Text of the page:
In general, it has been found that the concentration of foam initiating material should be from about 50 p.p.m. to about 5,000 p.p.m. However, it will be readily apparent to those skilled in the art that these limits may be varied depending upon the actual conditions which are encountered in the reservoir. Since the nitrous acid and nitrogen-containing material react stoichiometrically, it is preferred that they be present in an equimolar ratio with respect to the amine group since one mole of nitrous acid will react with one mole of available amine or amide. Similarly, when primary amines or amides are used as the nitrogen-containing compound, it is preferred that the hydrogen ions of the additional acid, e.g., acetic acid, be added on an equimolar basis with respect to the nitrite group in the nitrite salt. However, an excess of any reactant will not hinder the operation of the present invention, but will only result in a certain amount of waste to the extent that the excess of a given reactant does not react. Furthermore, in the practice of the present invention, only routine experimentation will be required to determine suitable concentrations and proportions of the materials used.
Although the foams mentioned above can be generated in situ, the foams can also be generated above ground and directed into the formation through the annulus between the borehole mining tool (10) and the casing (21) which is shown as conduit (33) in FIG. 1. This annulus is sealed at the surface with rotating packer (14). Required piping can be arranged by those skilled in the art to either inject foam continuously or intermittently to maintain the desired level of foam within the cavity being mined. To accomplish this it will be only necessary to have sufficient holding tanks for the components necessary to generate the foam.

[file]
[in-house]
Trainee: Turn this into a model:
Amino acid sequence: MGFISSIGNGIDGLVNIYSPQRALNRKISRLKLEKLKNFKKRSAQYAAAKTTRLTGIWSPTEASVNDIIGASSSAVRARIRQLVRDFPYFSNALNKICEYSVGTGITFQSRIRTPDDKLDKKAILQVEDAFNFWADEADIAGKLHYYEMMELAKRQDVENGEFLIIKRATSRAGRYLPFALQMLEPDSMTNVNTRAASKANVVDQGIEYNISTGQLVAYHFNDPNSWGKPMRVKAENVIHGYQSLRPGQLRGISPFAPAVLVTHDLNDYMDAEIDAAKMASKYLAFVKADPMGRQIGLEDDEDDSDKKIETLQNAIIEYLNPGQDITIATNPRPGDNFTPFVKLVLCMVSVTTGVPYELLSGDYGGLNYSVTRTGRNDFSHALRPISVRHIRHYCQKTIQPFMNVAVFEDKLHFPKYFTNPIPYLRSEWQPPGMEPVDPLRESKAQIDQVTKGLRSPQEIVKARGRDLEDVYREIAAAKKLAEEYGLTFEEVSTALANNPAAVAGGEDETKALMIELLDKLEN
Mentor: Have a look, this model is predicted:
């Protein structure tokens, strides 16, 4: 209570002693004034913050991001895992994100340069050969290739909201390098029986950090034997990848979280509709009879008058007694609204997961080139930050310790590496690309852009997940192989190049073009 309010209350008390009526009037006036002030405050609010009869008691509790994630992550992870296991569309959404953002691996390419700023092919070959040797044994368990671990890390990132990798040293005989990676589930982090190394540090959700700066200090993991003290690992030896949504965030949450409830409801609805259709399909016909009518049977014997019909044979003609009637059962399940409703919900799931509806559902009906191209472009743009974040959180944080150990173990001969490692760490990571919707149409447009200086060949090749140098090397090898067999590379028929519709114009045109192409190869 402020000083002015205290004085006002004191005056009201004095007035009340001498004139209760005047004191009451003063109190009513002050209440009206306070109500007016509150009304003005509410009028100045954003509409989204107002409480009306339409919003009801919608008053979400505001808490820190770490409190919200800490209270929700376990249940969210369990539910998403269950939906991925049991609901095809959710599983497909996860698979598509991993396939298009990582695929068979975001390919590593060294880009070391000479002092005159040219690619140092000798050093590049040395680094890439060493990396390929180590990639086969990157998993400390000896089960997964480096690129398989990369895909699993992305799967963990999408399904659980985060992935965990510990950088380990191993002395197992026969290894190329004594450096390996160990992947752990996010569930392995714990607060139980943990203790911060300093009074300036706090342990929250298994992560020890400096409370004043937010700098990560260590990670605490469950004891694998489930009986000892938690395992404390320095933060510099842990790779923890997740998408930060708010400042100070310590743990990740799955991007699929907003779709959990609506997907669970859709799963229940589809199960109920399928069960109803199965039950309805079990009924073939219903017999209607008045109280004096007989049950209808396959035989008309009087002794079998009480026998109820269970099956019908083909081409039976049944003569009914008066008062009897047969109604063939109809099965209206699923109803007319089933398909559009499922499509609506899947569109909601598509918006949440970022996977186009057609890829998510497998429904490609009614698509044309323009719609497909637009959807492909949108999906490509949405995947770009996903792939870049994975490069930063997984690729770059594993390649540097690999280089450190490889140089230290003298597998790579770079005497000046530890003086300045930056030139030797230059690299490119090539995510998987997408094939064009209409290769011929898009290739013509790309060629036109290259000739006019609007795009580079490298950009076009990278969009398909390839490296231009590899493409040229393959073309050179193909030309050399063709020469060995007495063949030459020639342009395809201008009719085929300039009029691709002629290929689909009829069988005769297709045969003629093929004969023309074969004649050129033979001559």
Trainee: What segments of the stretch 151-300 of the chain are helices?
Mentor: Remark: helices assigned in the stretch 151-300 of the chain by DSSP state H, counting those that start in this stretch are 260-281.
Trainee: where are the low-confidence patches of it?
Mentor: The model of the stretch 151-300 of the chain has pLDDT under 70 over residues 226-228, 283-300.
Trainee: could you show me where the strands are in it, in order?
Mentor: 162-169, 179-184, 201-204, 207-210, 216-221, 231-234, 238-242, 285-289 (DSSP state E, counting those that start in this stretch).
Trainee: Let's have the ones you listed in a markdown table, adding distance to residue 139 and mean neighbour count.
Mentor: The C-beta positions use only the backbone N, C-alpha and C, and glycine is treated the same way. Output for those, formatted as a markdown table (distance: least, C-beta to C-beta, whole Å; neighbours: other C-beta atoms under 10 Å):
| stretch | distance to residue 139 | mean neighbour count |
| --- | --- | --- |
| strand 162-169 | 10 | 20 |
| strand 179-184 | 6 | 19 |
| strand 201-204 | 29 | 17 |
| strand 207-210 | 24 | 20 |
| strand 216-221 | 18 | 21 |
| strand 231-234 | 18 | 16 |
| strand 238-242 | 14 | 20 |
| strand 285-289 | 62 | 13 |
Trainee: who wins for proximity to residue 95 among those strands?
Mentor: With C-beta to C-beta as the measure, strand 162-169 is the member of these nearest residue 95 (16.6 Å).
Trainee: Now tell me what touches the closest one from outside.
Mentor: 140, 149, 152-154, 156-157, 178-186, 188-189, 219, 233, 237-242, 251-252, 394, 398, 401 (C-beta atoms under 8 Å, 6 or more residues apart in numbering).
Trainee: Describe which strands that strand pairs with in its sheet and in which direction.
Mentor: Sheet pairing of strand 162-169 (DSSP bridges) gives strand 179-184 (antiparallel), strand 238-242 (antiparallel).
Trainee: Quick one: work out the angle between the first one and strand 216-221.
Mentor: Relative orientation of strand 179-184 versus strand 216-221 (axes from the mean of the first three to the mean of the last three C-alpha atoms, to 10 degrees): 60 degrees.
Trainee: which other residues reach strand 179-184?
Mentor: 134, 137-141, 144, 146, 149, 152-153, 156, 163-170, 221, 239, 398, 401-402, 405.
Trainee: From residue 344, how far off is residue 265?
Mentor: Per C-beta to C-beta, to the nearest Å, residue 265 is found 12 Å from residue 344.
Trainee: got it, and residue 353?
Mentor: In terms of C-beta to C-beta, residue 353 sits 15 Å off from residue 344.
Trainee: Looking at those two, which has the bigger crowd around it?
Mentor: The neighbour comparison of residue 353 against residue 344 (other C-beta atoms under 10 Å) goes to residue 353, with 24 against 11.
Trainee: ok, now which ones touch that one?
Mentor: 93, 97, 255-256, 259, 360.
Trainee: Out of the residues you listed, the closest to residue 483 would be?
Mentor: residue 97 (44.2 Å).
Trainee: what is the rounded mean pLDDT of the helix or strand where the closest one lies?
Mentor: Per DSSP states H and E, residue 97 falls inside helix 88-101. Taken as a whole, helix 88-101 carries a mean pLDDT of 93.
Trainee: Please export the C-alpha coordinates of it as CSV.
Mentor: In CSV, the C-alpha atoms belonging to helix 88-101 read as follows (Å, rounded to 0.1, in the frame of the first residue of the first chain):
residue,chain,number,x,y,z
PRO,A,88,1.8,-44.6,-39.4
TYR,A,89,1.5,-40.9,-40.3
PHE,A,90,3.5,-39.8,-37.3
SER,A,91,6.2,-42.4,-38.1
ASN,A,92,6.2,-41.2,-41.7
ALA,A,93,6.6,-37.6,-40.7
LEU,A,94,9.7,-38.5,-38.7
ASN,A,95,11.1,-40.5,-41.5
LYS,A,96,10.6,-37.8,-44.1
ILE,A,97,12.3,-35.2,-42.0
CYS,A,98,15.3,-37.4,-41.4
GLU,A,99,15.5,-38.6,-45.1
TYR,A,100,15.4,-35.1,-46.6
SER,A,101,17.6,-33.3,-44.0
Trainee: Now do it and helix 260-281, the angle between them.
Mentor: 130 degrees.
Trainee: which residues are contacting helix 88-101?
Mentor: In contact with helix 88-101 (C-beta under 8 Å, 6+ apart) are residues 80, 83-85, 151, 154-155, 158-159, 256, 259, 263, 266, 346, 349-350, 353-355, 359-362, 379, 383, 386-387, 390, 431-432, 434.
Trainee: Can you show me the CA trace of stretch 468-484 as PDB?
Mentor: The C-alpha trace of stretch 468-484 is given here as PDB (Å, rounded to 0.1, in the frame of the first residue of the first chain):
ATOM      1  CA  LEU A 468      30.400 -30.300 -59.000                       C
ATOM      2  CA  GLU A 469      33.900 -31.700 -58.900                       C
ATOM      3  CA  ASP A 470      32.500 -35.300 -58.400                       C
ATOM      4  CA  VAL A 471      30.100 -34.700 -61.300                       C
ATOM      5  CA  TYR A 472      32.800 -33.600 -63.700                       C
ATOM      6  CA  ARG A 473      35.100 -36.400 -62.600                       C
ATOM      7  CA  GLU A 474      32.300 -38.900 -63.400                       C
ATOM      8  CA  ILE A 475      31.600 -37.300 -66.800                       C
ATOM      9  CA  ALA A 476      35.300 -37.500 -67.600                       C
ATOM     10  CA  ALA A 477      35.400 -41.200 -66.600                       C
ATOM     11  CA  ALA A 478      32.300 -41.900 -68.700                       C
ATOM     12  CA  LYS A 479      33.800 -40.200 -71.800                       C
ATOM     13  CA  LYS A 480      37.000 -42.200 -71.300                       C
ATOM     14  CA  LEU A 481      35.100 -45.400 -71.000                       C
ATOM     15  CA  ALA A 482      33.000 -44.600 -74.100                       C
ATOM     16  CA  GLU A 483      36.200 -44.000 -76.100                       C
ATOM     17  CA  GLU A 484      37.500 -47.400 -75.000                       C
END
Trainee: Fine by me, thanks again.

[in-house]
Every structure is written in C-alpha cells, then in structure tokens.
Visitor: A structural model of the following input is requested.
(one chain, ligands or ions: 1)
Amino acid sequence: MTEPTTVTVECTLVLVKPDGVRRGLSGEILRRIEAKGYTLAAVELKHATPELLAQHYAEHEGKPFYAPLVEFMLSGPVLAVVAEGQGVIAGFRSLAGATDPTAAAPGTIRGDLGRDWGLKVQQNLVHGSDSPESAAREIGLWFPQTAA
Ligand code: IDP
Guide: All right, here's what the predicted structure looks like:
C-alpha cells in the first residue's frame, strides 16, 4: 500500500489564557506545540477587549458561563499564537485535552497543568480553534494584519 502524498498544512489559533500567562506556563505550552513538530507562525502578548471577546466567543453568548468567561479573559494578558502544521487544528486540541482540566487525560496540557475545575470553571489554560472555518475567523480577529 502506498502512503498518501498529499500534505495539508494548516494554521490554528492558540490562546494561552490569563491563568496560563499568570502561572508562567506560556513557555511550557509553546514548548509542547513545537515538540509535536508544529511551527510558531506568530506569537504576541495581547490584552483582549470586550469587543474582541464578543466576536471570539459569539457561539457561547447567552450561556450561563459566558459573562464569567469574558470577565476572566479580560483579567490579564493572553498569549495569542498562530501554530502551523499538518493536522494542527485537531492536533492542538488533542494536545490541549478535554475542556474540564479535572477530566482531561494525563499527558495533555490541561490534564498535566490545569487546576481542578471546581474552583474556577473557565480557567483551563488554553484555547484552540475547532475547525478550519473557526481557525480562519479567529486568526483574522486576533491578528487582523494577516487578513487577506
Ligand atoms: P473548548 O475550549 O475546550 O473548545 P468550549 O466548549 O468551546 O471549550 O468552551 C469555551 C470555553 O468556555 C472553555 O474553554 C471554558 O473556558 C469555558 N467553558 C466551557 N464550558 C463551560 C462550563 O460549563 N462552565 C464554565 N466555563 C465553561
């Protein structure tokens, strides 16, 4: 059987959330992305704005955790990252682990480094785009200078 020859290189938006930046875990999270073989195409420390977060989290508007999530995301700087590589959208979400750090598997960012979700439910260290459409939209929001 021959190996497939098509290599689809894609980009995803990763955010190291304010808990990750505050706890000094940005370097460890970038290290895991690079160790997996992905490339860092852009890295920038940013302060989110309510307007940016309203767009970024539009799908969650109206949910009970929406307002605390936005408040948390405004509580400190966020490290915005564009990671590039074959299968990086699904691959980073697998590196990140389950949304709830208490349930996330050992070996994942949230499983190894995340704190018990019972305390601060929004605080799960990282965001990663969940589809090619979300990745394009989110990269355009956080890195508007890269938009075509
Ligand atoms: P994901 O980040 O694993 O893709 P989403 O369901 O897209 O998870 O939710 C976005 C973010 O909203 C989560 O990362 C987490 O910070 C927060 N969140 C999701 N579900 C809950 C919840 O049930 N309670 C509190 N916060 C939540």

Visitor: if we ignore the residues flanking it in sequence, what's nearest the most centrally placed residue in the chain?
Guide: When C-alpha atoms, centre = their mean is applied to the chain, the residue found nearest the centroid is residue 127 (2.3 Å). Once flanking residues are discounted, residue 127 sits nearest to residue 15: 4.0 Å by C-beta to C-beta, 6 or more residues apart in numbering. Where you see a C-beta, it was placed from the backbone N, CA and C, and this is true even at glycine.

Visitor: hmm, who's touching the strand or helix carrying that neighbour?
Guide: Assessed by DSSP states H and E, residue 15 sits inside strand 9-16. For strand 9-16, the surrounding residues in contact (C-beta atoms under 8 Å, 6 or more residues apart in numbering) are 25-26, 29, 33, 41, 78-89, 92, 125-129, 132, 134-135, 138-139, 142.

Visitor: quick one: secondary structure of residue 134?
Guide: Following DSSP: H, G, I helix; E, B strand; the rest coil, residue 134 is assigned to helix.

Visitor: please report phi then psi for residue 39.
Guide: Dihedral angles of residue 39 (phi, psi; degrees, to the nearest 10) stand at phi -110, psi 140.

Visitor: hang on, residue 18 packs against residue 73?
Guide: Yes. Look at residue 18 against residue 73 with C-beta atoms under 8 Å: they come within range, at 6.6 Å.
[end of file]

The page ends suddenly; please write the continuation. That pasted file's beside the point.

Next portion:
Foams can be generated with either acid, water, water-methanol, or hydrocarbon carbon type stimulation fluids. Surfactants used to generate these foams are stable to 175°-300° F. depending upon the fluid type. Surfactant concentrations are generally 1% or less of total liquid volume. Foams can be designed to withstand pressures up to 10,000 psi.
Foam has excellent fluid loss properties due to its structure. Before a foam bubble can occupy a pore space, its radius of curvature must become half the diameter of the pore. The pressure across a film face is inversely proportional to the radius of curvature. Fine texture foam will cause multiple film faces in the pores. This will result in a very high differential pressure preventing further fluid loss.